- Hardcover: 144 pages
- Publisher: Chronicle Books (March 1, 1999)
- Language: English
- ISBN-10: 0811819825
- ISBN-13: 978-0811819824
- Product Dimensions: 8.8 x 1.3 x 9.6 inches
- Shipping Weight: 2 pounds
- Average Customer Review: 4.5 out of 5 stars See all reviews (4 customer reviews)
- Amazon Best Sellers Rank: #1,933,929 in Books (See Top 100 in Books)
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Fat Tire: A Celebration of the Mountain Bike Hardcover – March 1, 1999
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From Library Journal
YA-A soup-to-nuts overview of the history, technology, and culture of the mountain bike. The cover alone will attract young adults, for an actual piece of tire tread adorns one side of it. While this tread may present a little shelving inconvenience, the book won't stay on the shelves for long. This somewhat eclectic volume is actually quite informative, covering topics as divergent as a history (with a 1921 photo) of Shozaburo Shimano (founder of one of the biggest bike R and D firms), detailed descriptions of parts from suspension forks and drivetrains to hubs, to interviews with mountain-bike champions. Copious glossy, color photographs illustrate each of the five major sections. The descriptions of "Mountain Bike Meccas" are accompanied by breathtaking photos of destinations from Moab, UT, to the Inca Trail of Peru. Even readers who are not familiar with this sport will have a good time with this book.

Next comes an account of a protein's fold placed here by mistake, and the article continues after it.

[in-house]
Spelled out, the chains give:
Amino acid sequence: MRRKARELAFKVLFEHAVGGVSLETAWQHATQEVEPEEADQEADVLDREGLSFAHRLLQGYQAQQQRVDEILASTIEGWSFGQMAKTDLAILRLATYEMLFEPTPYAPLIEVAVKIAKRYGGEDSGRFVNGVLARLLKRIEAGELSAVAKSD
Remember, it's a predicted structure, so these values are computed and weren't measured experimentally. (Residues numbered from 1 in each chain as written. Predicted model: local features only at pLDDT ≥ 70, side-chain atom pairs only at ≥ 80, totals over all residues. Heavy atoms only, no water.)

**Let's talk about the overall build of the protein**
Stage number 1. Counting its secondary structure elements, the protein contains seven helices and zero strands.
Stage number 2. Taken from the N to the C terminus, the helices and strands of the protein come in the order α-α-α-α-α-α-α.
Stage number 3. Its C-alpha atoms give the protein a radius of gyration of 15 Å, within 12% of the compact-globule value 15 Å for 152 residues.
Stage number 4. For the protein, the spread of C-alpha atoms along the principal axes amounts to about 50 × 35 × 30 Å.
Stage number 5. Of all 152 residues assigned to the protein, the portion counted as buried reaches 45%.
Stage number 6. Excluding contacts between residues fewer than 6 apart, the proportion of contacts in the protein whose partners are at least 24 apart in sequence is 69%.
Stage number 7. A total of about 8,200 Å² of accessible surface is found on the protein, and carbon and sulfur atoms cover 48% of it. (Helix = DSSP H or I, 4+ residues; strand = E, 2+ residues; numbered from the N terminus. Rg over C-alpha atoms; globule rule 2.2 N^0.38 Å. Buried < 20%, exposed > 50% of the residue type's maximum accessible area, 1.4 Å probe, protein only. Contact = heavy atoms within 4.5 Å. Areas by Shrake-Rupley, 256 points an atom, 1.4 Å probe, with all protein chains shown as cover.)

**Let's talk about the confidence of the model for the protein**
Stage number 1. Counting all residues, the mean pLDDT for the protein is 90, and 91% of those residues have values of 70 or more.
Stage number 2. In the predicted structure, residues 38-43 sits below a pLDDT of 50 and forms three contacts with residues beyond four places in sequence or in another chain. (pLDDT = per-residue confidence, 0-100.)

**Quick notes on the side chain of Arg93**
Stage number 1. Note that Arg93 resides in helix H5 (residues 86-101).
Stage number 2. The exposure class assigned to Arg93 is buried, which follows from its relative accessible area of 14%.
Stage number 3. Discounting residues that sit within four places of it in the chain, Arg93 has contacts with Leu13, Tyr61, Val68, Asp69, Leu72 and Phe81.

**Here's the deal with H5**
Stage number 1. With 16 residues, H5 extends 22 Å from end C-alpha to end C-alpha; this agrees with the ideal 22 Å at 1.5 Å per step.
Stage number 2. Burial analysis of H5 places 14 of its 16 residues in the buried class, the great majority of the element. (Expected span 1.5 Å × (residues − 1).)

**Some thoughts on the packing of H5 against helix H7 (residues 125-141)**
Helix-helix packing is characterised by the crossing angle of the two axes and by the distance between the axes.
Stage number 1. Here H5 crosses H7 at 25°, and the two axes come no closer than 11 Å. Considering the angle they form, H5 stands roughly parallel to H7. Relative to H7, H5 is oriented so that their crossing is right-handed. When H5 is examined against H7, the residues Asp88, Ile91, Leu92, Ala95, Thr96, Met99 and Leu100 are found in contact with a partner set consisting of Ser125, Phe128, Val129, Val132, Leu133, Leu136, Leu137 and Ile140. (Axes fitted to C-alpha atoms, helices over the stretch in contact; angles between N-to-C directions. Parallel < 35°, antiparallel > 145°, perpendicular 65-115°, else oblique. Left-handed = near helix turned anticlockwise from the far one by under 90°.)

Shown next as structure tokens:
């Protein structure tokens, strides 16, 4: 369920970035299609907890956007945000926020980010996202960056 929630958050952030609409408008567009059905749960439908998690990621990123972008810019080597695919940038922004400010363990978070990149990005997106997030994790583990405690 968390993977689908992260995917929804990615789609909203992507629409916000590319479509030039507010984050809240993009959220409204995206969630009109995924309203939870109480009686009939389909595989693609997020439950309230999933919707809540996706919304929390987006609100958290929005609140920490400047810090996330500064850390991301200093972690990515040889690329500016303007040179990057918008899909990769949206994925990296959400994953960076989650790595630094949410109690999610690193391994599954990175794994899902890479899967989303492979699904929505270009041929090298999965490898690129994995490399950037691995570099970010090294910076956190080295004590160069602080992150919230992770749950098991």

Becky Ferrall, Stonewall Jackson High School, Manassas, VA
Copyright 1999 Reed Business Information, Inc.
By Tom Vanderbilt
Fat Tire provides a wide-ranging breezy account of the transition from thrift-store "clunkers" to a multimillion-dollar industry in which industrial designers and engineers used high-performance metals such as titanium and composite materials, and have introduced innovations ranging from disk brakes to the Y-frame. They also shaved, in a single year, some six pounds off the weight of the average bike. Mountain biking, the authors write, has become a "vehicle for competition, commerce, artistic expression, fashion, friendly association and pilgrimage." Its constituency has broadened to include everyone from the "bacon" (bike slang for scab) covered, mud-splattered downhillers to outlaw messengers to Berkeley bike cops; and the junk parts of yesteryear have been supplanted by RapidFire shifters and Spinergy composite wheels. The original desire to get the best ride "using whatever technology possible" lingers on, however, in the quest for the tire that never goes flat or the derailleur-less design. Fast company, indeed.
If you love mountain bikes, check out Fat Tire, a new book about the history of the most popular type of bicycle sold in America. The book, which has part of an actual knobby mountain bike tire stripped across the cover, tells how, in less than 25 years, the mountain bike evolved from the old balloon tire Schwinns of the 1930s into the world's most popular style of bicycle.
The cover alone of Fat Tire: A Celebration of Mountain Biking makes it a great gift. A large, rubber tire tread is laid across the hard cover in this bountifully illustrated homage to this cycling phenomena. Created by Lee Jakobs, photographer Robert Carra and writer Dan Imhoff, this is an entertaining and passionate look at culture, equipment, places and key people of this radical bike evolution.
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